Photo essay on Wat Phra Thammakai

Foreign Policy has just published a photo essay on the Wat Phra Thammakai (Dhammakaya) movement in Thailand. The photos, taken by Luke Duggleby, are spectacular and document well the incredibly regimented and orderly nature of the movement’s mass rituals. The article also refers to the movement’s controversial status within Thailand itself, as well as its global ambitions.

Picture this: millions of followers gathering around a central shrine that looks like a giant UFO in elaborately choreographed Nuremberg-style rallies; missionary outposts in 31 countries from Germany to the Democratic Republic of the Congo; an evangelist vision that seeks to promote a “world morality restoration project”; and a V-Star program that encourages hundreds of thousands of children to improve “positive moral behavior.” Although the Bangkok-based Dhammakaya movement dons saffron robes, not brown shirts, its flamboyant ceremonies have become increasingly bold displays of power for this cult-like Buddhist group that was founded in the 1970s, ironically, as a reform movement opposed to the excesses of organized religion in Thailand.

Monks sitting in front of the UFO-like Cetiya (stupa) of Wat Phra Thammakai. Source: Foreign Policy

The likening of Thammakai’s mass rituals to Nazi rallies has caused quite a bit of controversy in  article’s comments section. However, the comparison, and the reactions to it, actually reflect the sort of controversy the movement enjoys within Thailand itself. Certainly the aesthetics of the movement and its global claims are very unusual in the Thai context, where rituals events and festivals tend to be noisy, semi-anarchic occasions, and Buddhism itself is seen more as a symbol of ethnic and national identity rather than a universal doctrine of salvation.

The global aspirations of the movement are very interesting, This sort of universal vision is unusual in the Theravada Buddhist world, in large degree to the sorts of parochial linking of ethno-national identity and Buddhism mentioned above. (Respected scholar of Buddhism Richard Gombrich recently gave a very strongly-worded keynote address on this very subject when addressing the question of Theravada Buddhism’s limited success in disseminating itself globally. I’ll try to add some thoughts about this speech in an upcoming post).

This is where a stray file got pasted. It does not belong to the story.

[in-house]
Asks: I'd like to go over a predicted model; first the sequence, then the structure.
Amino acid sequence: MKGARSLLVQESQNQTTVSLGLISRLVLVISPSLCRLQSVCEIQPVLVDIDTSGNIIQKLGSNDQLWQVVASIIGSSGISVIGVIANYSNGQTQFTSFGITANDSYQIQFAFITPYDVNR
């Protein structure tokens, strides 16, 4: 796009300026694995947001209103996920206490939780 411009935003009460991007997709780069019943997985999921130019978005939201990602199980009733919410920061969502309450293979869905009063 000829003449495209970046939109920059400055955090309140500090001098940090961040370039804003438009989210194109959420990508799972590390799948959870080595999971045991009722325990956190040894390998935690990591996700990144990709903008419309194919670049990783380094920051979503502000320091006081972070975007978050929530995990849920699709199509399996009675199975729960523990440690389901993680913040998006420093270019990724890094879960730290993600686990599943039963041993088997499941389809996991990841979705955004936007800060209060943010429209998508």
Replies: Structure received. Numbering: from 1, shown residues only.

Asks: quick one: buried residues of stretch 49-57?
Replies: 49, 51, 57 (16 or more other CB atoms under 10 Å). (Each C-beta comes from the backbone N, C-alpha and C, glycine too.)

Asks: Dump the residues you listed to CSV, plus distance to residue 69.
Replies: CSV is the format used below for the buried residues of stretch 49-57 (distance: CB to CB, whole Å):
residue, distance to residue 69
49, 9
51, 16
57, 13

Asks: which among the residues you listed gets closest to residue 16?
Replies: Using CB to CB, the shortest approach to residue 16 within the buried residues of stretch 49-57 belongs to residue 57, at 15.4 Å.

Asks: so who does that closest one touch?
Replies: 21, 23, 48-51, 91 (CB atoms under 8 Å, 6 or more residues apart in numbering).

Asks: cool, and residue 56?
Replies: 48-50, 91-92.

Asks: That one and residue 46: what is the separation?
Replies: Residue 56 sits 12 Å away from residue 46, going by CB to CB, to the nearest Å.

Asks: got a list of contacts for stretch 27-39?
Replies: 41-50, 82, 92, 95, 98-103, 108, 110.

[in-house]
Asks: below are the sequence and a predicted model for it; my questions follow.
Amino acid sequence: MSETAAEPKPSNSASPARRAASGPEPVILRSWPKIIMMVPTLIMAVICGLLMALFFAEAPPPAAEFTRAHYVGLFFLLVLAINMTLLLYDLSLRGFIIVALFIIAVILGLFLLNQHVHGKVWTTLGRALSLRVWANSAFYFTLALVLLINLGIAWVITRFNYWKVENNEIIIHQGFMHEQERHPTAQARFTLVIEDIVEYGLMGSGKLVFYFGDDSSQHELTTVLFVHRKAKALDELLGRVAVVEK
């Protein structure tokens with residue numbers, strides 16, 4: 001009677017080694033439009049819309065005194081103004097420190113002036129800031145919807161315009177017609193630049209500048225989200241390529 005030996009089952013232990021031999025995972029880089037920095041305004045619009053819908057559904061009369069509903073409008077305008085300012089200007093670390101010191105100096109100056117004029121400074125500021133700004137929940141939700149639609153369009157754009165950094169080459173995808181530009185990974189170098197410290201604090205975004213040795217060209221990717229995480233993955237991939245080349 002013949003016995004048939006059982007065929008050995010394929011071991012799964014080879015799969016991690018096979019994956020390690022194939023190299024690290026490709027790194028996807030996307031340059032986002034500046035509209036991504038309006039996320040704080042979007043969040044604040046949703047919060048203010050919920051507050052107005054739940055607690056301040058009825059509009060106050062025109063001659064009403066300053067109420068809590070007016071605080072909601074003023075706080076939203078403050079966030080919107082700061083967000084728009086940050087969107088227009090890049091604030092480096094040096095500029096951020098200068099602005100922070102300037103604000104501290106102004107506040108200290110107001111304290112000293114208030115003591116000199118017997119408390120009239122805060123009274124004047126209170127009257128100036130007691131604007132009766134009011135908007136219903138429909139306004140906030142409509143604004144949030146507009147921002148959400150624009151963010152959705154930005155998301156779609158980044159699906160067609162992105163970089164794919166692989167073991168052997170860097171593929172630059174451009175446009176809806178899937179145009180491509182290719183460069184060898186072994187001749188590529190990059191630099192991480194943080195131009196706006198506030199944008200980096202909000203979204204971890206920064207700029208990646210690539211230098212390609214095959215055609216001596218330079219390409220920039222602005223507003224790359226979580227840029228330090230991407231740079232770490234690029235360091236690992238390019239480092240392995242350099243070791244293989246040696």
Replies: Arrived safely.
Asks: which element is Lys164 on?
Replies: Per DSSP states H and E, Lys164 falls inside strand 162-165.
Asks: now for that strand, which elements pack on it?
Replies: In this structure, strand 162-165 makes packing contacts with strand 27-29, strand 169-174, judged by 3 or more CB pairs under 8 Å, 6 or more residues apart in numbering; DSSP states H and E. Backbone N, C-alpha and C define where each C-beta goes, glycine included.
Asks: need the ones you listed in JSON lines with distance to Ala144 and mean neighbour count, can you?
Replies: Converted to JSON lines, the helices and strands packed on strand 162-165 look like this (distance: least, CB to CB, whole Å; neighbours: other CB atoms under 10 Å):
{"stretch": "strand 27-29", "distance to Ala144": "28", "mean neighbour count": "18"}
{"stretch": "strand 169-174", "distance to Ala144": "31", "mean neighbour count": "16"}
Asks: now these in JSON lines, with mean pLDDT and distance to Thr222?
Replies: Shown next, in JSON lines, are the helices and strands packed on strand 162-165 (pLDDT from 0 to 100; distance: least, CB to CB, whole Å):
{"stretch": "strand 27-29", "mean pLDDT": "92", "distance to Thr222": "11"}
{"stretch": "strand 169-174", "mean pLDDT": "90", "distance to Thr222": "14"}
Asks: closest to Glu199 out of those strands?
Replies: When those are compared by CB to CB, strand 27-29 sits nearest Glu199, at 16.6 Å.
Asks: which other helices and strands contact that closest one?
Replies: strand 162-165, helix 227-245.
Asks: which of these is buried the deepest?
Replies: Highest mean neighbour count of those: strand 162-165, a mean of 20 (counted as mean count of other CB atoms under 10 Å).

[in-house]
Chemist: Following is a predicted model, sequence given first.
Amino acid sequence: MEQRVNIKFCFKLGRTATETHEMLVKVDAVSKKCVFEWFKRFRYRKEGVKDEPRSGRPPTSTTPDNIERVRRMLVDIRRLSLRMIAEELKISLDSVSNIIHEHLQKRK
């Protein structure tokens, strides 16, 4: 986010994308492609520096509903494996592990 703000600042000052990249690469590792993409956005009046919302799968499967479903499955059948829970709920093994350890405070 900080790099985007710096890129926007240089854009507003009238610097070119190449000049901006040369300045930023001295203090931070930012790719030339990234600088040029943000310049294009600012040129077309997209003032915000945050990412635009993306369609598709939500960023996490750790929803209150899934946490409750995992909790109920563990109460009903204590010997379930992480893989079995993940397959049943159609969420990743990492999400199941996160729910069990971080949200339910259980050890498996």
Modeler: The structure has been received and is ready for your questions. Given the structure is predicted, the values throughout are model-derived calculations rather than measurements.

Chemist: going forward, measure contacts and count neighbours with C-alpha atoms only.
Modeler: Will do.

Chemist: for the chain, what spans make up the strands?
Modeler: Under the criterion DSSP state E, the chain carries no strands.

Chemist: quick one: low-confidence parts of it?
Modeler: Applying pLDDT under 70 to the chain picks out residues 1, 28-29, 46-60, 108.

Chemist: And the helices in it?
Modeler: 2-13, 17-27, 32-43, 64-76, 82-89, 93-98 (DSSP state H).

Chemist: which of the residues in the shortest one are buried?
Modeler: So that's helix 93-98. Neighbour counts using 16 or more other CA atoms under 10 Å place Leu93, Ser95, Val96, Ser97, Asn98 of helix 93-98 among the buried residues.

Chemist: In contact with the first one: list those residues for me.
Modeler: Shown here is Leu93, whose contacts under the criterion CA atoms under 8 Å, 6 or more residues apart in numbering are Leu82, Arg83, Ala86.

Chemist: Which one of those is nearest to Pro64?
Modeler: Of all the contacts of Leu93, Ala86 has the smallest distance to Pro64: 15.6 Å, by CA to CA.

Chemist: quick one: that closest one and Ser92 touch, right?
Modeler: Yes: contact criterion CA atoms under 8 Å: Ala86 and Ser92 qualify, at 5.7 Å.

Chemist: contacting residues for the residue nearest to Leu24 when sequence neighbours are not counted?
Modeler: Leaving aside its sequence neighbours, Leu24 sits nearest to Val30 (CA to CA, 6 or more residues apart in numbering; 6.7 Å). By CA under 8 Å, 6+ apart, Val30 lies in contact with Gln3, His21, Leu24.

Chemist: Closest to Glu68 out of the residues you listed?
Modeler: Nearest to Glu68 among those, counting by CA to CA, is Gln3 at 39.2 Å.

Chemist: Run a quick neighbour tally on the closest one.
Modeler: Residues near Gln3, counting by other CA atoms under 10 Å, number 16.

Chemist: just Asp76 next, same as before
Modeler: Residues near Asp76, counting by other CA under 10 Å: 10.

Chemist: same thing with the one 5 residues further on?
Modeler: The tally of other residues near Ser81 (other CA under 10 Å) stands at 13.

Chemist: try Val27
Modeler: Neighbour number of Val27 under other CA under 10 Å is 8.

Regarding the rituals, I can’t help but be struck by the similarity of the aesthetics to those that authoritarian states attempt to generate through creating a perfectly coordinated, de-individuated mass, which is designed, ideally, to be viewed from afar. The uniformity of the monastic robes, or white clothing of lay devotees, the geometric precision of the placement of bodies, are suggestive of both factory production and a rational, scientific orderliness. It is a remote viewpoint that is encouraged, and in which the camera participates, in which de-individuated human bodies become standardised, mere points along geometrical vector. It is the same sort of remoteness which means people are surprised to realise that the golden dome of the UFO-like Cetiya is in fact made up of thousands upon thousands of identical Buddha statues. It would seem to me that people involved in these rituals are not merely involved in a religious event; they are also in a sense performing, or participating in, “a state”.

I’m reminded of James Scott’s discussion of the aesthetics of state projects in his Seeing Like a State.

Seeing like a state. Source: Foreign Policy

One of Scott’s key points is that such supposedly rational, modernists projects, designed to improve the human condition, are usually blind — even antagonistic to — the everyday experiences, relationships and strategies that are a vital element of social life. This is a necessary consequence of the sorts of schematic simplifications that are required to produce such an orderly vision. However, not only do they fail to grasp these informal elements, they are parasitic upon them. That is, the informal “cunning” of everyday life is both a necessary component of state visions but which by definition can never be part of that vision precisely because they “pollute” the sense of orderliness it is trying to achieve. It would be interesting to know more about what sorts of informal processes underpin and hidden in the incredible regimentation of Thammakai rituals.

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About Jovan Maud

I'm a lecturer in the Institute for Social and Cultural Anthropology at Georg-August University, Göttingen, Germany. Interests include: transnational religious networks, popular religion in Thailand, religious tourism and commodification, and digital anthropology.
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